Wednesday, May 6, 2009


As Gordon Brown wakes up this morning in Downing Street he can be forgiven for wishing instead of being born a dour Scot he had come in to the world 1,000 miles south as a dark brooding Spaniard. He does both looks very well.

Both Britain and Spain are led by socialist governments and both have been battered by the economic crisis. True Spain hasn’t seen the collapse of its banking sector, indeed Banco Santander has ridden to the rescue of several British financial institutions, but it has seen record unemployment.

The marked difference is that whilst Gordon Brown has lagged badly in the opinion polls in the UK since well before the financial meltdown his counterpart in Spain, José Luis Rodríguez Zapatero, has stayed ahead of the game and it is only now that the opposition Partido Popular has nudged ahead.

I say nudged because according to the findings of an opinion poll published by El País on Sunday if a general election were held now the Partido Popular would triumph. Perhaps triumph is too strong a word –scrape home more like.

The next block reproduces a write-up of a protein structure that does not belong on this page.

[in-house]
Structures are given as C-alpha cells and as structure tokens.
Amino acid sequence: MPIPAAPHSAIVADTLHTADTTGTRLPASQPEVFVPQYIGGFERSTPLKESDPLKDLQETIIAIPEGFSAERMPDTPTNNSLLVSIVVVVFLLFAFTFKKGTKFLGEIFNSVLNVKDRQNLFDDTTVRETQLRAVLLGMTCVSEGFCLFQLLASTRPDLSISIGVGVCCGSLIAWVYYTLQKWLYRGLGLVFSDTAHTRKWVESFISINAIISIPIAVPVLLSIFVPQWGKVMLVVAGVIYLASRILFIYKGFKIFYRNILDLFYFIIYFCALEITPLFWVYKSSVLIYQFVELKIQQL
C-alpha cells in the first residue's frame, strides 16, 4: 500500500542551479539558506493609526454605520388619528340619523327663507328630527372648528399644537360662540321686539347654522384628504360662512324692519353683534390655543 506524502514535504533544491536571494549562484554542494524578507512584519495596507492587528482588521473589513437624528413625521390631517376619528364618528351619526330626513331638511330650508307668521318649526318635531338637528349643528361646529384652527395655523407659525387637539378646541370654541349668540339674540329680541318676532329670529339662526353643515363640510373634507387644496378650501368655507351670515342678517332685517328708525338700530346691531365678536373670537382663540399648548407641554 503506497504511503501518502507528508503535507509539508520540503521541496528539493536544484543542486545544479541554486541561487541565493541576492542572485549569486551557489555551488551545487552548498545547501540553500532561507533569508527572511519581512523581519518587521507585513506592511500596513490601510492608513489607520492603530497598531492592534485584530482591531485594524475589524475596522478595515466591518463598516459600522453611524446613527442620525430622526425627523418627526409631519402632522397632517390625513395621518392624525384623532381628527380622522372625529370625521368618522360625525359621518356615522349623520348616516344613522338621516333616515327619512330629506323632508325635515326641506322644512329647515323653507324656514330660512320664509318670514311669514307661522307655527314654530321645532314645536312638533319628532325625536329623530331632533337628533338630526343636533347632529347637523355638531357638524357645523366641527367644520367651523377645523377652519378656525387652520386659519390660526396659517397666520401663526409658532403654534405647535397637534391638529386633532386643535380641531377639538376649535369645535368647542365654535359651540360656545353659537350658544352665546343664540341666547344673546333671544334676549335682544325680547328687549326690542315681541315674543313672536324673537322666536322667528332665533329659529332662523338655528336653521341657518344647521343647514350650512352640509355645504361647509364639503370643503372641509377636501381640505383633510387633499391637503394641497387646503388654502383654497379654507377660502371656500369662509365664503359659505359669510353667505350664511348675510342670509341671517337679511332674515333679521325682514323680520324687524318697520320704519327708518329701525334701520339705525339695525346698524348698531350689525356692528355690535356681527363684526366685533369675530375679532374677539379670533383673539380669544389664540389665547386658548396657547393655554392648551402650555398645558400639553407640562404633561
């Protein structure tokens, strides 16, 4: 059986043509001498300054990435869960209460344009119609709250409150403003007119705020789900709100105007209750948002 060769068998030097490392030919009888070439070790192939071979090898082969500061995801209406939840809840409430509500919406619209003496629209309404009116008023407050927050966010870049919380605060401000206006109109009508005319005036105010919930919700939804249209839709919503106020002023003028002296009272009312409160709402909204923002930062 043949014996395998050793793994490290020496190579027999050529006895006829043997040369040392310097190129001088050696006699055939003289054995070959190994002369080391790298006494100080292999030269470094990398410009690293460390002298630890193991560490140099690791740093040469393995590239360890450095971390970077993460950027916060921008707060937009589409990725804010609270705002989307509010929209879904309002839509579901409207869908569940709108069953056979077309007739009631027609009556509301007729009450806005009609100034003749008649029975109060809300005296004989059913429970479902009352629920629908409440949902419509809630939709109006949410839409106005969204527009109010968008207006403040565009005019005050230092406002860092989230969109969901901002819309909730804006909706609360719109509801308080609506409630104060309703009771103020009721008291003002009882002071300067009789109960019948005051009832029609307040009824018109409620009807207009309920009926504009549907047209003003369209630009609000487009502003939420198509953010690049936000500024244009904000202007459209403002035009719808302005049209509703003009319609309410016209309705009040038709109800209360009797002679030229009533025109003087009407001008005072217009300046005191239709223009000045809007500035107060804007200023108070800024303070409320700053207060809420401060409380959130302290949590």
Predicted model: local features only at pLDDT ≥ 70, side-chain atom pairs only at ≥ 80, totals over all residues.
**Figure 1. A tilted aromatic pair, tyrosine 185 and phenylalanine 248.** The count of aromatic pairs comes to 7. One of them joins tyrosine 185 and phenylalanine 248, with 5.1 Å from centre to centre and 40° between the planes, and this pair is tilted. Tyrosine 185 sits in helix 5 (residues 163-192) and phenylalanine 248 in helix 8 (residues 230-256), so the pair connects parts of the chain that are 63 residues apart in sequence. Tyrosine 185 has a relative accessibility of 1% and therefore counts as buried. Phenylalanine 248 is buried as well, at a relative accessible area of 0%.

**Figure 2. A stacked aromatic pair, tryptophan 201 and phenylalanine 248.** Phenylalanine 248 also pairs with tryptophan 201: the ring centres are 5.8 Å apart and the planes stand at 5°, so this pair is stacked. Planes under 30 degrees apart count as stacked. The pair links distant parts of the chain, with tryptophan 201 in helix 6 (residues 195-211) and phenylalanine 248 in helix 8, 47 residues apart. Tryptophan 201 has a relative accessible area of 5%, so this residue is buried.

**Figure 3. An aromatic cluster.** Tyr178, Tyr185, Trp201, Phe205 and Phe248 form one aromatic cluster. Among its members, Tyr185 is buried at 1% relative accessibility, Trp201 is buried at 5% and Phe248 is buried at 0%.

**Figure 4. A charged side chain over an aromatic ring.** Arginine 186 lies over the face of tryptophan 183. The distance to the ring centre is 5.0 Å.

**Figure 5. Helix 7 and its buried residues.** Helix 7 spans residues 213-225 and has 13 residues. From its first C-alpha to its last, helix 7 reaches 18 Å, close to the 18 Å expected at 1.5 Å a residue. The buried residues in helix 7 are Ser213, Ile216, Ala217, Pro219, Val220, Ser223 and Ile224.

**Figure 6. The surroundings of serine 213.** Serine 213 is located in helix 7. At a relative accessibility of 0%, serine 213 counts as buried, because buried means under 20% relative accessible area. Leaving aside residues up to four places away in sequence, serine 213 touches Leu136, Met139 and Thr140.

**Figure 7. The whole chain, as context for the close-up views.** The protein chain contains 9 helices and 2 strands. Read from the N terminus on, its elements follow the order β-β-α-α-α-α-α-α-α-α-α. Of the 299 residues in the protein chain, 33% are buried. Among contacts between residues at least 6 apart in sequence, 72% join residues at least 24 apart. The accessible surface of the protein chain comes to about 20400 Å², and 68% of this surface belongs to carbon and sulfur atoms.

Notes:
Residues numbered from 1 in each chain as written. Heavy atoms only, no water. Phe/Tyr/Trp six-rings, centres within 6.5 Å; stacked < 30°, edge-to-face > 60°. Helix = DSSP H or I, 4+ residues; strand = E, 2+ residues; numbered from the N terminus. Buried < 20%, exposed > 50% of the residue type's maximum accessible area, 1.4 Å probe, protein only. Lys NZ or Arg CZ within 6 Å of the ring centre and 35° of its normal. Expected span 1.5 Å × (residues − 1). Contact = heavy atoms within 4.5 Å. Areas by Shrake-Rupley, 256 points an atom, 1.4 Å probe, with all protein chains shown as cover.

The PP has a 1.2 per cent lead over the governing PSOE. The poll by Metroscopia puts the PP on 40.8 per cent and the socialist government on 39.6. Within the margins of such things that’s neck and neck.

The results do show worrying signs for both the premier and leader of the opposition. Whilst 49 per cent do not approve of José Luis Rodríguez Zapatero’s management of the country 60 per cent give the PP leader Mariano Rajoy the thumbs down for his handling of his party and his opposition post.

Indeed the PP has been riddled with division, is embroiled in scandal and yes it is led by Pappa Smurf. Given Rajoy’s poor standing with the public one has to ask - if the party had a more effective leader would it be faring better in the polls?

By the by of those questioned 81 per cent perceived the economic crisis as being bad or very bad – but only 19 per cent said the situation in their family was bad or very bad.

The June Euro elections could well cast the dye for both Brown and Rajoy.

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